Reading Media Culture – MHIS 206 @ Emily Carr

January 13, 2009

Fast Film – Virgil Widrich

– element of self reflection
– delight as educated film viewers watching the ingenuity of the animation
– patterns of juxtaposition of the different films put together to form a cohesive narrative
– distributed attention – I have the desire to watch the film again frame by frame in order to absorb greater meaning from the film clips
– inter textuality = film implicitly or explicitly alludes to or references other films
– the film lionizes the art of film making

Cinephilia = people who love film disproportionately

A Cinemaphile or Cinephile is most respectably noted as a person who dedicates their life to the academic study of cinema. The earliest cinephiles were that who bore the French New Wave or La Nouvelle Vague – André Bazin, Jacques Donial-Valcroze and Alexandre Astruc amongst others and film movements.

Could be a colloquial name for someone who is an avid fan of movies. From knowing hundreds and thousand of small facts and anecdotal stories to do with all their favourite films, being able to perfectly repeat large portions of script from their favourite films – all from memory (imitating all the various characters as they go), to collecting all the merchandise, associated paraphernalia, movie posters, various versions of the movie, cinemaphiles go above and beyond what most usual filmgoers would accept as a ‘normal’ filmgoer’s appreciation, sometimes to the point of absolute devotion.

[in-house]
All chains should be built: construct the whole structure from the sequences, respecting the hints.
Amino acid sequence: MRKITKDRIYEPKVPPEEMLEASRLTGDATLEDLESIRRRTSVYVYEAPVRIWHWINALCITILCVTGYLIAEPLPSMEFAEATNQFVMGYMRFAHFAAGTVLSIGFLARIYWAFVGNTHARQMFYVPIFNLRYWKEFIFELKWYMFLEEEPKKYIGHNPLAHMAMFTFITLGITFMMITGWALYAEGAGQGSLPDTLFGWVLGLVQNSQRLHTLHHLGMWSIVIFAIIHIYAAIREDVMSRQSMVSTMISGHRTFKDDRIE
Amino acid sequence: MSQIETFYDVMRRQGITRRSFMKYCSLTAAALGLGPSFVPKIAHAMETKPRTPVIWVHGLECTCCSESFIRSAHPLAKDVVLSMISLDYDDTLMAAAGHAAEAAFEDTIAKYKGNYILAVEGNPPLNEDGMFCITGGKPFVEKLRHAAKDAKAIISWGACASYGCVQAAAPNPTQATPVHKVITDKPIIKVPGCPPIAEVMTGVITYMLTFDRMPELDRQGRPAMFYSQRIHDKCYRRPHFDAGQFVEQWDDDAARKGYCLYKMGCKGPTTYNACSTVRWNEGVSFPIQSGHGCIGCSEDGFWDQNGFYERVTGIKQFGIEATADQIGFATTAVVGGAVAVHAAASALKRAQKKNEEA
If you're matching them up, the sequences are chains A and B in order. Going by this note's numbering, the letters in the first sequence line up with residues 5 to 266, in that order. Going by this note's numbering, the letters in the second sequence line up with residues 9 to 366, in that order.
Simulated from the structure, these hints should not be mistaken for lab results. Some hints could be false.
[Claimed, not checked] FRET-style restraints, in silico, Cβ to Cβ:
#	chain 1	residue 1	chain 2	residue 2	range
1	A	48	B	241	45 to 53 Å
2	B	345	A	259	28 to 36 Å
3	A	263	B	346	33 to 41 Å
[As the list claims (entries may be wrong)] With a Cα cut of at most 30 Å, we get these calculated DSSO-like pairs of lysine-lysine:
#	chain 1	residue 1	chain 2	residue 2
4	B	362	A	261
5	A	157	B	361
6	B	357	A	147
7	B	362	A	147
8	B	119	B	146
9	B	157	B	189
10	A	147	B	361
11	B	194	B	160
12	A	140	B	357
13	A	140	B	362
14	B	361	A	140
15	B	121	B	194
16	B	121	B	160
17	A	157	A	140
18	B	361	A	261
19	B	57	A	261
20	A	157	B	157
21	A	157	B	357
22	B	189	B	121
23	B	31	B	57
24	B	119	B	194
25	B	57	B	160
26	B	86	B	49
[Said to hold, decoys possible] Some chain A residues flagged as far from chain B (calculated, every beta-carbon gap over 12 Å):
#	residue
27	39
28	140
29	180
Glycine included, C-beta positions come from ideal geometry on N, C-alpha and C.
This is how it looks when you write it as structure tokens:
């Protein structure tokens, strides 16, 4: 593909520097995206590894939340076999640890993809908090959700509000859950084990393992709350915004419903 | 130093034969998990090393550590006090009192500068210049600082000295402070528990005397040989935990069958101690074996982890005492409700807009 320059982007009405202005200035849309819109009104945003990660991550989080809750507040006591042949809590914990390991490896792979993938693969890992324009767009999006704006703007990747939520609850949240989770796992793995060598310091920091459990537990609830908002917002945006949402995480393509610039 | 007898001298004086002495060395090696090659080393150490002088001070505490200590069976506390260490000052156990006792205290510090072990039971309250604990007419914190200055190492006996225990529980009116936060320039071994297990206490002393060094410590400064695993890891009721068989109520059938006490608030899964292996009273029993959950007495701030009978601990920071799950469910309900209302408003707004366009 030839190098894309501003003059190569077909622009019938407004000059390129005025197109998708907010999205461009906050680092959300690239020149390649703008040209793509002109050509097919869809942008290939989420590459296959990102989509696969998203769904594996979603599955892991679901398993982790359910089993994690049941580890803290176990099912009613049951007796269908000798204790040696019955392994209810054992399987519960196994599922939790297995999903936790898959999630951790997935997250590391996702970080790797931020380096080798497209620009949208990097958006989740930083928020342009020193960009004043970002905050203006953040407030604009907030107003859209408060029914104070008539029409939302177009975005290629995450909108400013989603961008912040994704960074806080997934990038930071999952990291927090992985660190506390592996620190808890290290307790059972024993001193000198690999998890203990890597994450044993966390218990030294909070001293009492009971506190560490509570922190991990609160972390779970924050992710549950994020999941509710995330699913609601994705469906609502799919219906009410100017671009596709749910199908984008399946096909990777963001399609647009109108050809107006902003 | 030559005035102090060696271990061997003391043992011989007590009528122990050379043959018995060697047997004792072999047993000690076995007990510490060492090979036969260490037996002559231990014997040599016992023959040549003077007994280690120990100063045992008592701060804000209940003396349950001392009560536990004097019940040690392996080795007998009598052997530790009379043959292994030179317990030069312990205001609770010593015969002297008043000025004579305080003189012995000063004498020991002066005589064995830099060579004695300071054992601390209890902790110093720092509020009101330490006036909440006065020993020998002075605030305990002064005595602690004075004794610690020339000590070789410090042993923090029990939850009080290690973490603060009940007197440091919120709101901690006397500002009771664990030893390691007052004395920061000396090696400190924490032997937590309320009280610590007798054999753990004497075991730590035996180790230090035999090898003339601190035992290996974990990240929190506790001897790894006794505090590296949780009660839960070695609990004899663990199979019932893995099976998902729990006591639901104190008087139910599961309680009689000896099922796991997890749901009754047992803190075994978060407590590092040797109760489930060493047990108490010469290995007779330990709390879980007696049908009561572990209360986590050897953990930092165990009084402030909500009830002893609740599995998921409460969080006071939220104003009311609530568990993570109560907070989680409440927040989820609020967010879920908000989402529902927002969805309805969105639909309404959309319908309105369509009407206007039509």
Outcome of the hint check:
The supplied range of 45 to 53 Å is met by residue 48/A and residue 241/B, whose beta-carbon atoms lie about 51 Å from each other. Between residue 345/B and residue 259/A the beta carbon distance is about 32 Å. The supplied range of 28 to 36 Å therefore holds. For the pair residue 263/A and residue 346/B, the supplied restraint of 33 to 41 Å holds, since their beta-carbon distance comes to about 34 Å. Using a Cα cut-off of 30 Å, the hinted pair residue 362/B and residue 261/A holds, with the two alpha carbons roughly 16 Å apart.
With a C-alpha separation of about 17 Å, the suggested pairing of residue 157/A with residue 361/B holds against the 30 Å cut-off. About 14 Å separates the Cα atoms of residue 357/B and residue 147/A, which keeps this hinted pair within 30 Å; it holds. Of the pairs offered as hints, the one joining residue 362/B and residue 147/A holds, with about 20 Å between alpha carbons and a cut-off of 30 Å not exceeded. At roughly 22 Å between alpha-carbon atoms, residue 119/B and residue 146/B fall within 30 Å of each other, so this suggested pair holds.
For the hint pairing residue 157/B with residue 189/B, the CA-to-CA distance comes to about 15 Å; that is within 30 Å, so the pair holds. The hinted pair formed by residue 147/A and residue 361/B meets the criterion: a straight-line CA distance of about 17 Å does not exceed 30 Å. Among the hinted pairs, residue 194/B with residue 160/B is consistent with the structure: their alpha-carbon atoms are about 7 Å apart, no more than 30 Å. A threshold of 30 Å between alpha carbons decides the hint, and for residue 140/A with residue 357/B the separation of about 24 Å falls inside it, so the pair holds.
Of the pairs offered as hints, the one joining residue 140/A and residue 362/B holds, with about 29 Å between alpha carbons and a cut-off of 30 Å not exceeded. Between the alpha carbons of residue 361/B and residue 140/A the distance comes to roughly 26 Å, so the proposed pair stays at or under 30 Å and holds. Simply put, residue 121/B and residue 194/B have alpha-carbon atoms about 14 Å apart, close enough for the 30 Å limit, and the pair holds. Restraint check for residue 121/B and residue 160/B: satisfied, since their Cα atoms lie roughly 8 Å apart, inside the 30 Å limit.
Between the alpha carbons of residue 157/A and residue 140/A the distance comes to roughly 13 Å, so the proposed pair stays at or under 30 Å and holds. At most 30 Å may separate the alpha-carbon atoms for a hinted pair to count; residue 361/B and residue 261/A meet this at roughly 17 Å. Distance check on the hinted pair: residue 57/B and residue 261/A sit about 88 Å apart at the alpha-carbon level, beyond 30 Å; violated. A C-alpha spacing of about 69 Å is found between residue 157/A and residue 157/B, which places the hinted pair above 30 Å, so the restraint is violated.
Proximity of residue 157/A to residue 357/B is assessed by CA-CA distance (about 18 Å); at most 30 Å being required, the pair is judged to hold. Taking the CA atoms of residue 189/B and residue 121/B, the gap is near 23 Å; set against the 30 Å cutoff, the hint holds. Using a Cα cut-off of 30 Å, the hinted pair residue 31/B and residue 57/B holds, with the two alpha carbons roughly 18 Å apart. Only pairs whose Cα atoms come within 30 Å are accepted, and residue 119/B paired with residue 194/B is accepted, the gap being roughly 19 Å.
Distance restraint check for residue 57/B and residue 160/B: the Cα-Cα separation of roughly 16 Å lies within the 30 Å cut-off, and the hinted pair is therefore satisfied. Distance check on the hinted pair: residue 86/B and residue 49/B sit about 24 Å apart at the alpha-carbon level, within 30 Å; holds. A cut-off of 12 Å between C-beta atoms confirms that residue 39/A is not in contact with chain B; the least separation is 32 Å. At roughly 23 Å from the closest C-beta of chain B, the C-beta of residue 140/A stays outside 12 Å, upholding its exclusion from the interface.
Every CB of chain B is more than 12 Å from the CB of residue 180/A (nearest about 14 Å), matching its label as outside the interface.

This term is somewhat interchangeable with the word ‘cinephile’, and both can be (and are) used to mean the same thing. The word ‘cinephile’ is more often used in Europe, especially in French, to describe a devoted movie lover (the word ‘cinephile’ having an obvious root in the French word ‘ciné’, which itself is derived from the word ‘cinéma’).

– spectatorship = how to understand how we process information – why did you have an emotional response to a film?!?!?
– how do you respond to the psychological and emotional response to film and film characters?

– specifically in the interest of stars and stardom – Enquiring minds want to know!